While you are reading this blog entry, I am in the midst of celebrating the New Year.
Friends, store clerks, and strangers aren’t greeting me with “Happy New Year” or “Are you ready for the New Year?” No New Year decorations are set up in to stores for weeks or months ahead. There are few or no special sales on New Year foods in the grocery stores or CVS. Yet this is the biggest holiday of the year for most Jewish people.
My husband, Dennis, is a communication consultant. He offers this analogy about the silence Jews hear at our New Year, compared with the barrage we hear from mid-November through the secular New Year.
“Happy birthday,” I say to you.
“Thanks,” you say, “but it’s not my birthday. That was months ago.”
“Oh,” I reply. “Well, most people I know are celebrating their birthdays this month, so I’ll wish you happy birthday now.”
How would you feel about that? Would you be happy that I wished you well–no matter when? Or…would you be annoyed that I didn’t know when you were born (and apparently, I didn’t care)?
Being in a a minority
I know that I am in a minority in this country. I am in a sometimes-hated religious minority. I am a woman. I am from a working-class family of origin. I am a manager. These identities intersect and sometimes cause problems for me.
Jewish people in America mark the new year in a vacuum. Many Jews fit it in with work, plus the extra work of the beginning of a school-year cycle. It gets swept into the “back to school” kind of new year. I don’t get all in a huff when people don’t wish me a happy new year.
I don’t get in a huff when people don’t know when my holiday is. (The Jewish calendar is not in sync with the Christian-based calendar that commerce works on.) I don’t get in a huff, but I do feel invisible.
Invisibility is wearing. It is a mild form of oppression. As a minority, I am used to it. The annual celebration-in-a-vacuum doesn’t harm me, emotionally. The antidote is to spend time with my community, who are celebrating with me.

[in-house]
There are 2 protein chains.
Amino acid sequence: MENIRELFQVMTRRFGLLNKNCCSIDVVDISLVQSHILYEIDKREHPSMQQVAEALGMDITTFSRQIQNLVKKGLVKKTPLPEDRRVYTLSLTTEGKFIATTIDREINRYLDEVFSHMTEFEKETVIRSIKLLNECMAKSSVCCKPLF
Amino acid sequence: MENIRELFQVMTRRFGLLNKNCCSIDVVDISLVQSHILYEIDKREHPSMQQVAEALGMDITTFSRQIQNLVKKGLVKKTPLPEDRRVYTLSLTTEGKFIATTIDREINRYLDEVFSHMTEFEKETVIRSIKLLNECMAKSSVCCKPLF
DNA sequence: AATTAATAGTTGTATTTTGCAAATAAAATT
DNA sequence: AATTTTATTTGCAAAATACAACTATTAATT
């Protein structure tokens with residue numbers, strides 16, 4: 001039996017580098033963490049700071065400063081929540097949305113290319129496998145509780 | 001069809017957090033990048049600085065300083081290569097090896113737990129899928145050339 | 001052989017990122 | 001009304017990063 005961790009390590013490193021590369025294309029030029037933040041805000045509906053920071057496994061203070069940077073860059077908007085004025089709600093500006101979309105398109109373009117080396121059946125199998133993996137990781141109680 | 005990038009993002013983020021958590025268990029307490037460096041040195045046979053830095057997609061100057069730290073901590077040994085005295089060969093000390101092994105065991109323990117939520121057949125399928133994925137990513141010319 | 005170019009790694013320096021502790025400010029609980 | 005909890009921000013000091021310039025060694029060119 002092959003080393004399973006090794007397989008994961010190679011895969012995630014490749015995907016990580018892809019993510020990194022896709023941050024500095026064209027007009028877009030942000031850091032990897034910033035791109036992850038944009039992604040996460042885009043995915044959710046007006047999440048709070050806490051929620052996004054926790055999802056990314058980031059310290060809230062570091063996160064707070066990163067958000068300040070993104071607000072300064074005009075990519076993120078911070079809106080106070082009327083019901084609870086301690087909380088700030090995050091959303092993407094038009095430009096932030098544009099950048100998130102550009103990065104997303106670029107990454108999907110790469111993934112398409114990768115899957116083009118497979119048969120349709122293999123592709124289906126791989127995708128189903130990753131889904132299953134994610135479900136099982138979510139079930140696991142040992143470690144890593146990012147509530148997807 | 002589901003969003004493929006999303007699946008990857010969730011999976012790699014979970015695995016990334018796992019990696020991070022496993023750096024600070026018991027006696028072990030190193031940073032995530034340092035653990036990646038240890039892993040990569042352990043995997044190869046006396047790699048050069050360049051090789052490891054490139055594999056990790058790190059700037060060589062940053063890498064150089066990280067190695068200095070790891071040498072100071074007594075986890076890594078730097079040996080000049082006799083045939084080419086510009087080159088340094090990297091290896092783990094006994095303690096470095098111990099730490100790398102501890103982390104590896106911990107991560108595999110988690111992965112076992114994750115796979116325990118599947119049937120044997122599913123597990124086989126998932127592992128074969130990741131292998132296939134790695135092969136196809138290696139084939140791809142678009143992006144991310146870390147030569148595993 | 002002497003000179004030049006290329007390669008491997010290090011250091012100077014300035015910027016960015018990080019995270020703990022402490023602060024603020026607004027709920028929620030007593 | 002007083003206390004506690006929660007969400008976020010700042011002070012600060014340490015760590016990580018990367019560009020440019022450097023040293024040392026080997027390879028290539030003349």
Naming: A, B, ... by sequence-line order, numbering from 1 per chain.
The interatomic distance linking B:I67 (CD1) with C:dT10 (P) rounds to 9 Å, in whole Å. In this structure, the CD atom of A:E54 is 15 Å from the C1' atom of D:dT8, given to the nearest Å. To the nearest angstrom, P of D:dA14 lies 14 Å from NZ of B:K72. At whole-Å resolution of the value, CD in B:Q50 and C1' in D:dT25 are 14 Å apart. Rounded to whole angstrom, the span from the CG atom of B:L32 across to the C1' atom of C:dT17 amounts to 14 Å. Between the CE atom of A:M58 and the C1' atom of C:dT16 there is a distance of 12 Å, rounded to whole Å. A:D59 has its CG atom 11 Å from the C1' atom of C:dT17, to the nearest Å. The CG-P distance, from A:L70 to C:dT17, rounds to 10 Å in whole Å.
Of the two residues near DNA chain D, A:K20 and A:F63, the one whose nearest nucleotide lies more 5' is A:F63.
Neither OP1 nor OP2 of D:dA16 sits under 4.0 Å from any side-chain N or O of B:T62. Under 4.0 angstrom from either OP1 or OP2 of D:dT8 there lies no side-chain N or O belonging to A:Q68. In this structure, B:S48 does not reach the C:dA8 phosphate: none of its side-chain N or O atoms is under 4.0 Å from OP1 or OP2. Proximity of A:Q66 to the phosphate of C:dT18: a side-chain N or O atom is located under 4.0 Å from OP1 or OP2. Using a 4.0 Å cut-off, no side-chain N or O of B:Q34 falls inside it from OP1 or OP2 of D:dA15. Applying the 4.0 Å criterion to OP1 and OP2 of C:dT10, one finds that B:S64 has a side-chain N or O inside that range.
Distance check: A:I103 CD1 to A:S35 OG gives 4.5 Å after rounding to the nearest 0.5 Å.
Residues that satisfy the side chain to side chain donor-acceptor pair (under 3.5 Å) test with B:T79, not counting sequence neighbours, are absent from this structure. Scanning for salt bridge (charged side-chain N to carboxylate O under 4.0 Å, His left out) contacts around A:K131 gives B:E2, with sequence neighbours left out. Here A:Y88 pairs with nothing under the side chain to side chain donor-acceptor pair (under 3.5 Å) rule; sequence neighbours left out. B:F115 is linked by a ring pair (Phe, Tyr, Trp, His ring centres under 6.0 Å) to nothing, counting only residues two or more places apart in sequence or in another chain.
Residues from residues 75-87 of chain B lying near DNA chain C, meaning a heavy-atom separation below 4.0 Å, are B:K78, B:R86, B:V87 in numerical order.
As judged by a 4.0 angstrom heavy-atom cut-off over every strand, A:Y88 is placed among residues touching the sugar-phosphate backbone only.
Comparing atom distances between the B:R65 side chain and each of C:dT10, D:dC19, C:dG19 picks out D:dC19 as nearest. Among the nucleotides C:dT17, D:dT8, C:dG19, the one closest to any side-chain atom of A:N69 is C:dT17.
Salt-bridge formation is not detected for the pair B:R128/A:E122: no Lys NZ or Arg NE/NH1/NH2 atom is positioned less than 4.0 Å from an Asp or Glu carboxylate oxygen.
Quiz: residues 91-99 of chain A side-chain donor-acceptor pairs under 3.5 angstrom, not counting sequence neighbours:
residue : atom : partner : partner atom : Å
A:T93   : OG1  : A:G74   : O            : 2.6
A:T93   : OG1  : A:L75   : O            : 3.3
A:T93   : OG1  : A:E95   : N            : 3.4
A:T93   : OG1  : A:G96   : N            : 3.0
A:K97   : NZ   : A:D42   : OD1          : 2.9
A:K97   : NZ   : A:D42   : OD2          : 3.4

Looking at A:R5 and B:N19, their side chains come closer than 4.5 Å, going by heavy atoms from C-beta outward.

This year, 5781, is different, obviously, because big family dinners and big in-gatherings at local synagogues will not be happening. At the time of this writing, I am not looking forward to it.
What should people who are ethnically from Christian backgrounds or Christians themselves do during my holiday season?
- Don’t schedule important meetings on major holidays. This year, Rosh Hashanah is from the evening of September 18 to the morning of September 21 and Yom Kippur from the evening of September 27 through the morning of September 29.
- Understand that Jewish observance varies. Some Jews will be working through the holiday. Some will observe the holiday on September 19 and 28 only. Some will will be using additional days off.
- There are also festivals in the fall when many Jewish people participate in religious service and community sociality. The dates this year for holidays that some Jews will take off from work are:
From the evening of October 2, returning to work on October 5 for the beginning of the harvest festival, Sukkot.
From the evening of October 9 returning to work on October 12. That is the end of Sukkot and the celebration of Simhat Torah (the receiving of Jewish Law).
A correct greeting, for a non-Jew to a Jewish person for Rosh Hashanah is “happy new year” or “happy holiday.”
A correct greeting, for a non-Jew to a Jewish person for Yom Kippur is “have a good and meaningful holiday.”
A correct greeting, for a non-Jew to a Jewish person for Sukkot or Simhat Torah is “happy holiday.”
“Have a good and meaningful holiday” works for all of them, if you know that the Jewish person is celebrating the holidays by refraining from work on those holy days.